The Herman Trend Alert|
February 11, 2009
Ripple Effects of Reducing Meetings
Though we expect scaled back meetings and reduced incentives during economic slowdowns, this crisis has resulted in "a wave of cancellations". According to MeetingsNet.com, 56 percent of corporate meeting planners and 65 percent of financial or insurance planners report canceling one or more meetings or incentives due to economic conditions.
Many planners expect to adjust their meetings, including shorter trips and smaller groups. Among corporate planners, 52 percent plan to shorten their meeting length, while 48 percent plan to reduce the number of attendees and 65 percent plan to choose more affordable destinations.
All of these cancellations and cutbacks have produced ripple effects. Organizations responsible for planning meetings have been so hard hit that some have laid off workers. According to Smith Travel Research, convention hotels, 12 percent of the United States room supply, have trended lower than other hotels in both average daily rate and revenue per available room. The opportunity here is for smaller-market convention hotels to provide less expensive alternatives for price-sensitive planners.
In fact, all segments of the meeting marketplace are attracted to destinations that offer enough direct flights at affordable prices, so that attendees donít have to spend an additional night due to schedules. Expect to see an acceleration of this trend in the next year. We are also seeing more planners switching to a combination of in-person and online meetings. Unfortunately, virtual meetings eliminate the networking opportunities which are one of the key reasons most attendees invest in meetings.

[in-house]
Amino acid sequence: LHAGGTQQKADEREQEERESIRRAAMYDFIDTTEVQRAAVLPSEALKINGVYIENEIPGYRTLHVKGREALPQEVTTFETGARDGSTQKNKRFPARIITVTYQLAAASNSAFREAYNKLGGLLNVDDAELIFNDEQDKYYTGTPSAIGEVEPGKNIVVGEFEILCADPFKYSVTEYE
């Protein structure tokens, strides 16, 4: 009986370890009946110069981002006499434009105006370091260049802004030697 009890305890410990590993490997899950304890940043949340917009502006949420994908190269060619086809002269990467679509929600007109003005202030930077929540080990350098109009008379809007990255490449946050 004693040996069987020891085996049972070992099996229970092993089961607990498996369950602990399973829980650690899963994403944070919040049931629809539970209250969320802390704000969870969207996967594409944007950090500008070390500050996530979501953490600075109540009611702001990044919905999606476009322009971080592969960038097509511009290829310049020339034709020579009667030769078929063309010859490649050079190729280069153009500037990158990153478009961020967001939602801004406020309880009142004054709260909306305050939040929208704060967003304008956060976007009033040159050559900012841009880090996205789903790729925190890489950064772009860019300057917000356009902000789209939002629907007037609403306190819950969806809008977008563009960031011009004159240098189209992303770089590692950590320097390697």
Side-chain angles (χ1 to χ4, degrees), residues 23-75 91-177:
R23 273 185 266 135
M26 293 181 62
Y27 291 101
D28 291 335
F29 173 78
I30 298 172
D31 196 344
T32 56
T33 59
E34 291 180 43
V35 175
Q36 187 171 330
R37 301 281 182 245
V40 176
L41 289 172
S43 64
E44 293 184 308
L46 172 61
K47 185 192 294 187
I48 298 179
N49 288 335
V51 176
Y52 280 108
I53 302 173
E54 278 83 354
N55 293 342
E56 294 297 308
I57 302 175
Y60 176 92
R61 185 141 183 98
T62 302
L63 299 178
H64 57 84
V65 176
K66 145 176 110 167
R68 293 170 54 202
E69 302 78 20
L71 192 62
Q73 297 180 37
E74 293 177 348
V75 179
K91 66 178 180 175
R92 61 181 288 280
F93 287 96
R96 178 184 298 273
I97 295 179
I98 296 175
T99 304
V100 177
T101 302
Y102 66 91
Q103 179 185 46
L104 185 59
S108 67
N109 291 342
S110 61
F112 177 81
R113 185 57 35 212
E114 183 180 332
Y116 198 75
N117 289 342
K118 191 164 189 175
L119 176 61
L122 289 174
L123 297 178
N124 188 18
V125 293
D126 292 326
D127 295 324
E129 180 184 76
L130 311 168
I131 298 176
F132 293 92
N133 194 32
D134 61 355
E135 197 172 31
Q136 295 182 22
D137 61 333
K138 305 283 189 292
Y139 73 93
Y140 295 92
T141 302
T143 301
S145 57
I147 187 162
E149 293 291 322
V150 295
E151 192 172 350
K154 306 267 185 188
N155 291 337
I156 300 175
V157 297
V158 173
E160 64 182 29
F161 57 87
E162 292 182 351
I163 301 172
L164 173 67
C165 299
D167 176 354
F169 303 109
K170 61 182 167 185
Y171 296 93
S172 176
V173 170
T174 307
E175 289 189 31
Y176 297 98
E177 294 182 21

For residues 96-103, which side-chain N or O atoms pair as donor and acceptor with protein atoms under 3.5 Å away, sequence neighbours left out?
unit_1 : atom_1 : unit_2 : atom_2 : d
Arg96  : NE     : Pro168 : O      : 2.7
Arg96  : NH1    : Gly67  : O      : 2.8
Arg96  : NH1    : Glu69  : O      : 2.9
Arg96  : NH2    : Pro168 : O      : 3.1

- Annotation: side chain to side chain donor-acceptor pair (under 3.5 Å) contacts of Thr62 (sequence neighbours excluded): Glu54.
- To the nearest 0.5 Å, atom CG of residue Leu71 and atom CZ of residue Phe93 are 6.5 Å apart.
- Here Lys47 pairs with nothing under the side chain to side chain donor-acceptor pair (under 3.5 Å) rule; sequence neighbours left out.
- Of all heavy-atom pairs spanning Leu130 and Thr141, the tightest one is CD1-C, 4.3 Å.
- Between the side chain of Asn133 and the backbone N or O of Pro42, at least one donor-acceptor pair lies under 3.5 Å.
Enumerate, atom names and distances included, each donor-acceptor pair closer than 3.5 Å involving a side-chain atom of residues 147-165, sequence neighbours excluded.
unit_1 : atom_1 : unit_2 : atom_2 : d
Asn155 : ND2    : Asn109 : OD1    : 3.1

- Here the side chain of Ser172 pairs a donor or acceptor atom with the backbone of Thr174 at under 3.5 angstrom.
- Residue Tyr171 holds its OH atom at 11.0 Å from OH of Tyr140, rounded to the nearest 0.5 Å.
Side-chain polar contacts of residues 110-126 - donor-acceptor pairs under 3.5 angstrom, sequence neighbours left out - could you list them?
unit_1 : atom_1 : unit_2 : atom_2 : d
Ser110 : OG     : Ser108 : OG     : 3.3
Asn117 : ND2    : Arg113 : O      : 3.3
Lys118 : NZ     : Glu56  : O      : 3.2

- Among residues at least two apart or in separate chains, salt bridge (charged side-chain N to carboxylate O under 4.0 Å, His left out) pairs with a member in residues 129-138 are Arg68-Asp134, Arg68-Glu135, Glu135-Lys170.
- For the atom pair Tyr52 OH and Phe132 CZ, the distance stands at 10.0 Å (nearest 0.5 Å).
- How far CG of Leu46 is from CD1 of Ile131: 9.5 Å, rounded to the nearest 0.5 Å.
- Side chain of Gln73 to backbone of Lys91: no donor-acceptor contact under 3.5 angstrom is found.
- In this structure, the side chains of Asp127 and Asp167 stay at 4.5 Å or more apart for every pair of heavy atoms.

Some high profile cancellations are Wells Fargo's Las Vegas event, ING Life Distribution's 2009 incentive sale agent trips, General Motors' meetings at the National Association of Automobile Dealers Convention, and Cisco's annual sales meeting. These cancellations and others have resulted in reduced hours and reductions in staff for convention hotels.
According to PKF Hospitality Research, hotel occupancy rates in 2009 are forecasted to be down by 4.4 percent over 2008, to an average of just 58.3 percent. We expect to see hospitality and travel to take a major hit in the near-term future. Given that these reductions are greater than we experienced post 9-11, it will be years before we see previous travel and meeting levels.
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